Sunday, April 11, 2010

One A Week Reviews #14: When A Killer Calls

One very overdue One-A-Week review here. Yeah, I know I'm behind but I'm just one man and I've been honkin' busy. I will catch up, I promise, and thanks for hanging with me. There's also plenty of spoilers ahead, but hey, this has been on DVD for several years. 

The lovely people at The Asylum have made some success for themselves creating straight-to-video knock-offs of big screen films that they get in the stores in what I'd guess is the hope that inattentive DVD renters and purchasers will get their title instead of the one they were actually looking for. With titles like Transmorphers, Mega Shark Vs. Giant Octopus, and The Day the Earth Stopped they ain't exactly makin' art. In fact, they call what they make "Mockbusters." They're generally good-time films if you just wanna kick back with some popcorn and enjoy some brain candy.

When A Killer Calls is their take on their rip-off of the remake of When A Stranger Calls. Now perhaps I'm at a disadvantage by not seeing that remake, but I've seen the original Stranger. The first act, babysitter vs. phone, is stunning and genuinely scary. The second act follows the killer for an hour, then the final act returns to him scaring the babysitter, now a parent. Pretty good, pulpy B-Movie. I'm not sure how the PG-13 remake was, but I remember being shocked with the original that the killer knocked off the kids. (Remember, in the original, Jill survives because she's a terrible babysitter).

Killer opens with a surprisingly nasty scene where a girl, who we're assuming is a babysitter, gets a knife in the mouth and then the killer chases and murders two young children. I don't consider kids and pets to be the cinematic "Sacred Cows" most people do, but none of us are really prepared to see up-close slashings of screaming child actors. We then turn to Tricia, played by the lovely Rebekah Kochan of the Eating Out series. (A set of films I plan to air my views on one of these days.) Ms. Kochan is a trooper in the best B-movie actress sense in a part that mostly requires a lot of sitting and answering the phone, and a little running and screaming. She's good enough to make this film more engaging than it has a right to be and I hope she has a successful career ahead of her.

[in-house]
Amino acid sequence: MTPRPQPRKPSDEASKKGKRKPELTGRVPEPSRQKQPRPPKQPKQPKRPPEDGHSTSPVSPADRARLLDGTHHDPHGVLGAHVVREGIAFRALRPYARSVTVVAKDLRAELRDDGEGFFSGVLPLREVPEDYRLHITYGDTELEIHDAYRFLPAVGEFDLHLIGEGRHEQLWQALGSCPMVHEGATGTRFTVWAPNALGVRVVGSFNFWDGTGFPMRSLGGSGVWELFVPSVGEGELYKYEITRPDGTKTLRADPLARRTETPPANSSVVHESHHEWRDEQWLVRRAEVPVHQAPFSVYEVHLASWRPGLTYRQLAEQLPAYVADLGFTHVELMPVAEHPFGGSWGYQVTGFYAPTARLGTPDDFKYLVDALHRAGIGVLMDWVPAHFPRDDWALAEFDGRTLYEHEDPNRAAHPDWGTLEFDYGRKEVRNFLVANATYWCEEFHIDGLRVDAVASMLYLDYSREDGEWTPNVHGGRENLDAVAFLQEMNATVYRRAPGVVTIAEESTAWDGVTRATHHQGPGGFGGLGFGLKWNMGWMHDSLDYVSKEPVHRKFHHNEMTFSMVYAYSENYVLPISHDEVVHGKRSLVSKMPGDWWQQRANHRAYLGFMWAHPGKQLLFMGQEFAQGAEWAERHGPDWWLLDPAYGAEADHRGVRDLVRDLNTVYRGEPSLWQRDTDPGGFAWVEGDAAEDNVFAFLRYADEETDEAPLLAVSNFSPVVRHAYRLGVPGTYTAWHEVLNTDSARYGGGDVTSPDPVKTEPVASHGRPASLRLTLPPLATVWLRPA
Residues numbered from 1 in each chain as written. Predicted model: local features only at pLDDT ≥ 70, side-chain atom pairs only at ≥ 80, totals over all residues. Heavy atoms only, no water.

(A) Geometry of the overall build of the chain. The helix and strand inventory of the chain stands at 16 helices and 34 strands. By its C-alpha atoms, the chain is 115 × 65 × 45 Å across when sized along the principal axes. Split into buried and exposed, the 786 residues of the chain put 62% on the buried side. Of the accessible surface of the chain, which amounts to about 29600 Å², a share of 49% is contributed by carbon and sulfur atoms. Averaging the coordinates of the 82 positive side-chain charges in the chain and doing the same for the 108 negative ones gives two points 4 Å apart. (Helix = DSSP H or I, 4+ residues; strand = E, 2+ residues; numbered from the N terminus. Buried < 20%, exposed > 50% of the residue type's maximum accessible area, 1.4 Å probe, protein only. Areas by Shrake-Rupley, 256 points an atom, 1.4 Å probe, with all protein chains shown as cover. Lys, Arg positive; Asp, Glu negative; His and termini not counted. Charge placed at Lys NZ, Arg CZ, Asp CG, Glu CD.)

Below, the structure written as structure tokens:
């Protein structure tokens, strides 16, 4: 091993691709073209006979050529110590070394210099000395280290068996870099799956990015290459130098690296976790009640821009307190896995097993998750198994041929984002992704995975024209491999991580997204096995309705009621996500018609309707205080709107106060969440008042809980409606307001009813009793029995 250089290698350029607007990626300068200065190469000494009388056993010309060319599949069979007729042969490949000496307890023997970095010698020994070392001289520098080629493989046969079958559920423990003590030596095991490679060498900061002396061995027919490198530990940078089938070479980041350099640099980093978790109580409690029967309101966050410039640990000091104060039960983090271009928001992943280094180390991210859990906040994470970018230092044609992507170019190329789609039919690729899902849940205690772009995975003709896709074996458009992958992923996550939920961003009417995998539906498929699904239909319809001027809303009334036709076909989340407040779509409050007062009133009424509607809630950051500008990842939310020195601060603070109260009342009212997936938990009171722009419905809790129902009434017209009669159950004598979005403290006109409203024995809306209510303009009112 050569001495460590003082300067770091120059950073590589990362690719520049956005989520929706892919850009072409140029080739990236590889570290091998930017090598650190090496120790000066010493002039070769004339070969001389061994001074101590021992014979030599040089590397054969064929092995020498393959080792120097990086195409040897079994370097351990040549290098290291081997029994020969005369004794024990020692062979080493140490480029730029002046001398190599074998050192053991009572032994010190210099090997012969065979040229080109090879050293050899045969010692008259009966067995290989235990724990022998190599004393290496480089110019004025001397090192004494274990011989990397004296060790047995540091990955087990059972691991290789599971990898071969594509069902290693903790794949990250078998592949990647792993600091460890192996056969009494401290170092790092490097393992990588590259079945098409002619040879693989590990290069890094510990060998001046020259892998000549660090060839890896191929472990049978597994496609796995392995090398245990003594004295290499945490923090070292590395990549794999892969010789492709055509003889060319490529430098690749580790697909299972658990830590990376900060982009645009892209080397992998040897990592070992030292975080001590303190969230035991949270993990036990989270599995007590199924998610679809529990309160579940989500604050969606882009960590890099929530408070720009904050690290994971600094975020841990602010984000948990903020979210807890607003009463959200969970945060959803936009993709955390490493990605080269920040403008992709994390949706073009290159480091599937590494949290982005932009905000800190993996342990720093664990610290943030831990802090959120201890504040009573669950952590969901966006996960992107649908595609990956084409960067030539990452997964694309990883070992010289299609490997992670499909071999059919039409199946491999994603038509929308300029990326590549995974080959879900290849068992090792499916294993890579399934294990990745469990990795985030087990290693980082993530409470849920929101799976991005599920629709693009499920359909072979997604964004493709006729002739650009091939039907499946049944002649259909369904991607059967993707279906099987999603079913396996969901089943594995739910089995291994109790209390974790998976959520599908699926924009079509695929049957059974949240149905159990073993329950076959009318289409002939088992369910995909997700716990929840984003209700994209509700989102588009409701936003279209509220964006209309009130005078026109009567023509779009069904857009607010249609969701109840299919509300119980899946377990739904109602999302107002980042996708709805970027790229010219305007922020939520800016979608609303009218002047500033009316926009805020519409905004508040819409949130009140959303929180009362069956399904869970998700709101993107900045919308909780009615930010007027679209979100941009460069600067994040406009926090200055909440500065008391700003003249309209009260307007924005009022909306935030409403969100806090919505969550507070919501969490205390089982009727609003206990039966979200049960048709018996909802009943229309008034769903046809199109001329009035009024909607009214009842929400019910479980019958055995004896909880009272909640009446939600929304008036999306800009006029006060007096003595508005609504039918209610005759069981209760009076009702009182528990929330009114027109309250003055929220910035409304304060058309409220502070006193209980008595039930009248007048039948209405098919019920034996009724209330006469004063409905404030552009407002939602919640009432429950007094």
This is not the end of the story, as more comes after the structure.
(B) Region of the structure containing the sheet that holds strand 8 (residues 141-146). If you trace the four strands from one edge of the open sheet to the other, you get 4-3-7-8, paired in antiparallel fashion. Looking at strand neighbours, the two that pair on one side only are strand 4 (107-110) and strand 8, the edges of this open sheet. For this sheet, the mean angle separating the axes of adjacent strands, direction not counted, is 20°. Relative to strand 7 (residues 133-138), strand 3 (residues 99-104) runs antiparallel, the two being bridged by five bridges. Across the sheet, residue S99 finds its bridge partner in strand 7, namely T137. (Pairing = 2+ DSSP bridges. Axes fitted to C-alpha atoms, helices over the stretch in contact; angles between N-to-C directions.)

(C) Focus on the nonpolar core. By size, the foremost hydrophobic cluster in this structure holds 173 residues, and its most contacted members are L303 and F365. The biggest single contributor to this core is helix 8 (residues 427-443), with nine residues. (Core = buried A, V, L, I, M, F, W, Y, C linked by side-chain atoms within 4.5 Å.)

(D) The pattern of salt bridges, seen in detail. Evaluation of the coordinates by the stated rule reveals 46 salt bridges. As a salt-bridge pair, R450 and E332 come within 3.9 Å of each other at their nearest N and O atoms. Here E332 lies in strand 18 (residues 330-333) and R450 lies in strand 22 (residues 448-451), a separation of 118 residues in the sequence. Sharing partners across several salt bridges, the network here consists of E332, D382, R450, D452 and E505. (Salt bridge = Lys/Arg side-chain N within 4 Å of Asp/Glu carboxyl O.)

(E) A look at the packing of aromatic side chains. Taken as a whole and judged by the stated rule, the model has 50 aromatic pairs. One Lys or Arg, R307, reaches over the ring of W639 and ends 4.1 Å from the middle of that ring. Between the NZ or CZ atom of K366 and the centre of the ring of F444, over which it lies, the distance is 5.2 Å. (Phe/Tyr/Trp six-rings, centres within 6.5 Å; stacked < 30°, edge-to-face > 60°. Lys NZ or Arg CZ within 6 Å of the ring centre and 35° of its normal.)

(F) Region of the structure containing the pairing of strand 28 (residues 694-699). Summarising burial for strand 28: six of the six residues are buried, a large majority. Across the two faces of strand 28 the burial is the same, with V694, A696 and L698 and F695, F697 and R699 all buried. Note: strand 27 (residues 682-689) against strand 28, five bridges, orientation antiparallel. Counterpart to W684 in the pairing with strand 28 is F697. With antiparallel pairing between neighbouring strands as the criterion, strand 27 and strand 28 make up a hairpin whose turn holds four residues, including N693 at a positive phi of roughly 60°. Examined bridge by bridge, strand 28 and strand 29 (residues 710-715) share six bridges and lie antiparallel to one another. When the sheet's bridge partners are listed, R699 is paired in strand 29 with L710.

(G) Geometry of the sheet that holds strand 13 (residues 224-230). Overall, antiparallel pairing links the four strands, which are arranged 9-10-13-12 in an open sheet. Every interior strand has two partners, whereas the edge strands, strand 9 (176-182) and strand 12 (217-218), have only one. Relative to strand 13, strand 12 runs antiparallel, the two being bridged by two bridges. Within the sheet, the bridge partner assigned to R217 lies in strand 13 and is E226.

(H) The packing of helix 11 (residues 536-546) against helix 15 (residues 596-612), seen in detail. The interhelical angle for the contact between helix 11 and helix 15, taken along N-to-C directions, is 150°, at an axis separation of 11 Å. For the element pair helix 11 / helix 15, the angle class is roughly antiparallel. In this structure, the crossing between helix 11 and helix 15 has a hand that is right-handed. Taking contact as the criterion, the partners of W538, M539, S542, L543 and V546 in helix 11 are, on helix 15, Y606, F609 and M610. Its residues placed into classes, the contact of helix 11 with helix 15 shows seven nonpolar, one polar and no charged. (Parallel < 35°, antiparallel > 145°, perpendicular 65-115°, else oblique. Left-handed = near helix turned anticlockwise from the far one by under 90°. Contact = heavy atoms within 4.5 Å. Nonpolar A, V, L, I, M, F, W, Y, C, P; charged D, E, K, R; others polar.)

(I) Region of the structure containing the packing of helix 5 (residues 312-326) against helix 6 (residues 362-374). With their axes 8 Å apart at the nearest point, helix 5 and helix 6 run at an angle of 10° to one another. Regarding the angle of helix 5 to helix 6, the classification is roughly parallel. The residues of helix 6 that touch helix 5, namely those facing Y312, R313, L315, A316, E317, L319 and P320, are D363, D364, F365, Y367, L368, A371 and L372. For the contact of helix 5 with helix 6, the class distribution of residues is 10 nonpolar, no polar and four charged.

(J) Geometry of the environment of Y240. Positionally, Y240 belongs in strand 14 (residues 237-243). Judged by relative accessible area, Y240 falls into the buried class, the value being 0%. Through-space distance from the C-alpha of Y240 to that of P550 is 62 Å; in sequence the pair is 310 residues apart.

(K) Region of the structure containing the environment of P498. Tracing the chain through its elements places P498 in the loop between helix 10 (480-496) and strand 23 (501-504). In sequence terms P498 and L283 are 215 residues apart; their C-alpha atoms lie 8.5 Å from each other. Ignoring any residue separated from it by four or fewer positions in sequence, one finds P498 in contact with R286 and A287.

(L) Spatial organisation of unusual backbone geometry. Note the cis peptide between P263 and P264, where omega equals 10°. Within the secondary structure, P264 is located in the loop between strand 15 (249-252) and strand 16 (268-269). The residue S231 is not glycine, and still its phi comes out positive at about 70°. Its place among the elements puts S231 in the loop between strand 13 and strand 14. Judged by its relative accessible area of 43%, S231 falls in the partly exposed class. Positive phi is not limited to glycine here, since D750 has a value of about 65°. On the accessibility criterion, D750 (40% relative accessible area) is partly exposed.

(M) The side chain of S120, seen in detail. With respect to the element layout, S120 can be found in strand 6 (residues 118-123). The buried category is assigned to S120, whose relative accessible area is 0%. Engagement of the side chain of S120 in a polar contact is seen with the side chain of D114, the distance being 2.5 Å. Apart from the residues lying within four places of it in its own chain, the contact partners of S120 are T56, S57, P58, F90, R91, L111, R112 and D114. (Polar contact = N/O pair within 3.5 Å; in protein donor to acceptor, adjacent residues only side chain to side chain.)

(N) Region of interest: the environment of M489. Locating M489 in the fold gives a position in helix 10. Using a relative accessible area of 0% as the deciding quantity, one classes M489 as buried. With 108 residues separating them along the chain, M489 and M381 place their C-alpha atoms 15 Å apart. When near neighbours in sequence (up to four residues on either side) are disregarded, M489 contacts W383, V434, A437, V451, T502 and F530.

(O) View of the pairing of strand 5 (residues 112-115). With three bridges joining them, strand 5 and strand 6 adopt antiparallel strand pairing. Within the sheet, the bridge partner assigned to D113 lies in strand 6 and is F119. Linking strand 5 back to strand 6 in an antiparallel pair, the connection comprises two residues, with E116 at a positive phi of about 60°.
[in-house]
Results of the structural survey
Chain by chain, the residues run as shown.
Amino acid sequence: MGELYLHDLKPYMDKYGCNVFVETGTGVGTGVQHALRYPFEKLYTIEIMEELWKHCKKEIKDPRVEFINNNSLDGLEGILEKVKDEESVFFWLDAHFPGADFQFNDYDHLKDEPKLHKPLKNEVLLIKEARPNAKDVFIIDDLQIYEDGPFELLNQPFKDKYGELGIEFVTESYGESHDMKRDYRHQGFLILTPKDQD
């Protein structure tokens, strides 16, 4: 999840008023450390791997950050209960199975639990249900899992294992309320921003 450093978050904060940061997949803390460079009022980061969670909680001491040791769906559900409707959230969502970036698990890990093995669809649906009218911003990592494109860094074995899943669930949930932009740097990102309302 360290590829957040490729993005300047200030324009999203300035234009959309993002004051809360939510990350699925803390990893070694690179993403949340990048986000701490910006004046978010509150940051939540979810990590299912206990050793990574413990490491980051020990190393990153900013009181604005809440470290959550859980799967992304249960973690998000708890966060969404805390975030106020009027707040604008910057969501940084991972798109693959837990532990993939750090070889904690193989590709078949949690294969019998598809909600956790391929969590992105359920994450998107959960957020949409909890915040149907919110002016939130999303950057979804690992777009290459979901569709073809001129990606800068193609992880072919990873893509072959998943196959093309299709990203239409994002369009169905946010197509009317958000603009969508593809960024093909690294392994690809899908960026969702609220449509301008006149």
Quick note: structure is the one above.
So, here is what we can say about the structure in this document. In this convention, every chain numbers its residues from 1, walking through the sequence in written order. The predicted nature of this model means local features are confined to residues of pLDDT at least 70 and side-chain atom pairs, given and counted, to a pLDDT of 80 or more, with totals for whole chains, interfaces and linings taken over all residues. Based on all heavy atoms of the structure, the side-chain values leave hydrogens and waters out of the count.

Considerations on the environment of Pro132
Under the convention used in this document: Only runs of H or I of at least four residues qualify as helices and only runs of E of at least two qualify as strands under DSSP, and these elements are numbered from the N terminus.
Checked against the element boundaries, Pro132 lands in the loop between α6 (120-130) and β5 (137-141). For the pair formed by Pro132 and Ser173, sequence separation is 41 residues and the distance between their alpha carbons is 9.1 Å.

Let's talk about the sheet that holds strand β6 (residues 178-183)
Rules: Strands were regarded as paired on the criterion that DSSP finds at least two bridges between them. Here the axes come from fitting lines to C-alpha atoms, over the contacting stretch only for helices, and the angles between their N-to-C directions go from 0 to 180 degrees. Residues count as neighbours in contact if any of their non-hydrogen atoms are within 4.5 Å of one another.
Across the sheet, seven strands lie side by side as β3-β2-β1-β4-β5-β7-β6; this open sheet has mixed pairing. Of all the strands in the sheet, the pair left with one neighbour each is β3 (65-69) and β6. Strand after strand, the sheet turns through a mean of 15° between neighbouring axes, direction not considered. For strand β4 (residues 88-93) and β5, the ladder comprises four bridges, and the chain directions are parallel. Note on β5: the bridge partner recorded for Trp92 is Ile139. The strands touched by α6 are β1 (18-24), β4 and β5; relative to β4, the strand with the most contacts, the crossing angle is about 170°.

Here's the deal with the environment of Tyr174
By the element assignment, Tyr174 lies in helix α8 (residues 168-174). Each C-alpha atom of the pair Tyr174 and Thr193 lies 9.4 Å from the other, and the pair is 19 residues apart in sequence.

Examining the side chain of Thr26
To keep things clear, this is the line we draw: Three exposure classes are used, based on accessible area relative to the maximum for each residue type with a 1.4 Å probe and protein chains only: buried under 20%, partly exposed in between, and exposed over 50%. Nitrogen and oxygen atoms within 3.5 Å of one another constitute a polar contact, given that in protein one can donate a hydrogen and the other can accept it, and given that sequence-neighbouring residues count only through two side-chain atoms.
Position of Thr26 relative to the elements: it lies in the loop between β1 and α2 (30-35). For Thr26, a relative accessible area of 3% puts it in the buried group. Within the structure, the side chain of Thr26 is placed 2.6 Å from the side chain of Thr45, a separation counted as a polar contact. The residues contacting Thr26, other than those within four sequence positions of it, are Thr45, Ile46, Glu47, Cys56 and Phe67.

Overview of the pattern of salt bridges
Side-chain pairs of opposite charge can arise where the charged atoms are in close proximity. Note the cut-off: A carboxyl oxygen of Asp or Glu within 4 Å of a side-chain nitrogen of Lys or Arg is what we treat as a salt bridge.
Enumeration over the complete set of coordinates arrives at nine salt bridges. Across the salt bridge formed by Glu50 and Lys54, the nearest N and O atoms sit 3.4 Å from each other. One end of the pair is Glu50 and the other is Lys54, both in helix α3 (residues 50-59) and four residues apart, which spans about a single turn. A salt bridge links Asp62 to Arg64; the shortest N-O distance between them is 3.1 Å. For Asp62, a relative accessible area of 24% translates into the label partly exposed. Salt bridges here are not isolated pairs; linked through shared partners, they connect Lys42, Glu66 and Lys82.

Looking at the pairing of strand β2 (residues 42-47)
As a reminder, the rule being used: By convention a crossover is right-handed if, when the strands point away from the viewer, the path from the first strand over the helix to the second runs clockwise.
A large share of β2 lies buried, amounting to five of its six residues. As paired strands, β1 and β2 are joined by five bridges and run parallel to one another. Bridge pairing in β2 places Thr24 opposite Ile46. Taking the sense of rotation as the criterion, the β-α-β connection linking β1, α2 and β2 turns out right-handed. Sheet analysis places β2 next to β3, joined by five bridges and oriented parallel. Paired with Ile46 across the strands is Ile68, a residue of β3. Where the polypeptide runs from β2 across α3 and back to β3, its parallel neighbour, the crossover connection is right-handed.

Tricia shows up to babysit Molly while our Killer cleans up after his triple homicide Seems that while Tricia is charming Molly and plotting to have her boyfriend come over, the Killer has knocked off Molly's parents (!) and soon knocks off Molly as well. Sacred Cows, when aside from the usual teenagers a movie has a body count featuring 3 children and 2 parents it can be downright alienating. I'm not quite clear on at what point the Killer gets her cell phone number. I'd assume from Mom's cell phone, but he calls in his first hang-up before he kills the parents. For that matter he asks if she's found Molly before he's killer her. He's calling her on the cell phone and the land line before too long. Kind of nonsense logic. Again, alienating.

Tricia's fear escalates as the Killer peppers her with calls and pictures before her friends show up to "diffuse the tension," though really they're just more meat for the grinder. Soon enough the Killer is knocking everyone off -he makes pretty quick work of it, too - and Tricia is going to be last if she doesn't fight back. Turns out Tricia knows the family killed in the beginning and the Killer.

Also alienating is the look of this movie. Ugly and drenched in dim-blue that's nearly lavender sometimes, it's a muddy shot-on-video mess. The lighting blows out an orange comforter and turns Tricia's lipstick purple. The first 25 minutes are more like movie-by-Blacklight. I'm told this was shot on video with 35mm lenses, and the lighting does get a little better once the killer starts repeatedly calling Tricia. Is this intentional or just my imaginiation? Who knows?

The Scream-voiced killer sounds like he's reading back lines while listening to the original Stranger. Admittedly, though, when he starts sending her pictures of his previous murders via cellphone it's pretty darn creepy. His motives are rather cheesy but All the murders are presented rather brutally. The sheer nastiness killings and torture adds to the overall ugliness of the film. It's slow-going for the most part, but more gripping in places than you'd expect, thanks mostly to Ms. Kochan. All I know in the end is that I have to go shower to wash the sleaze off now...

Final thought: Most people I know (and myself) don't answer cell phone calls from "Restricted" or "Blocked" numbers. She should have done the same.

1 comment:

  1. Nice review. Your thoughts were right on target. Yay for Rebekah Kochan! :-)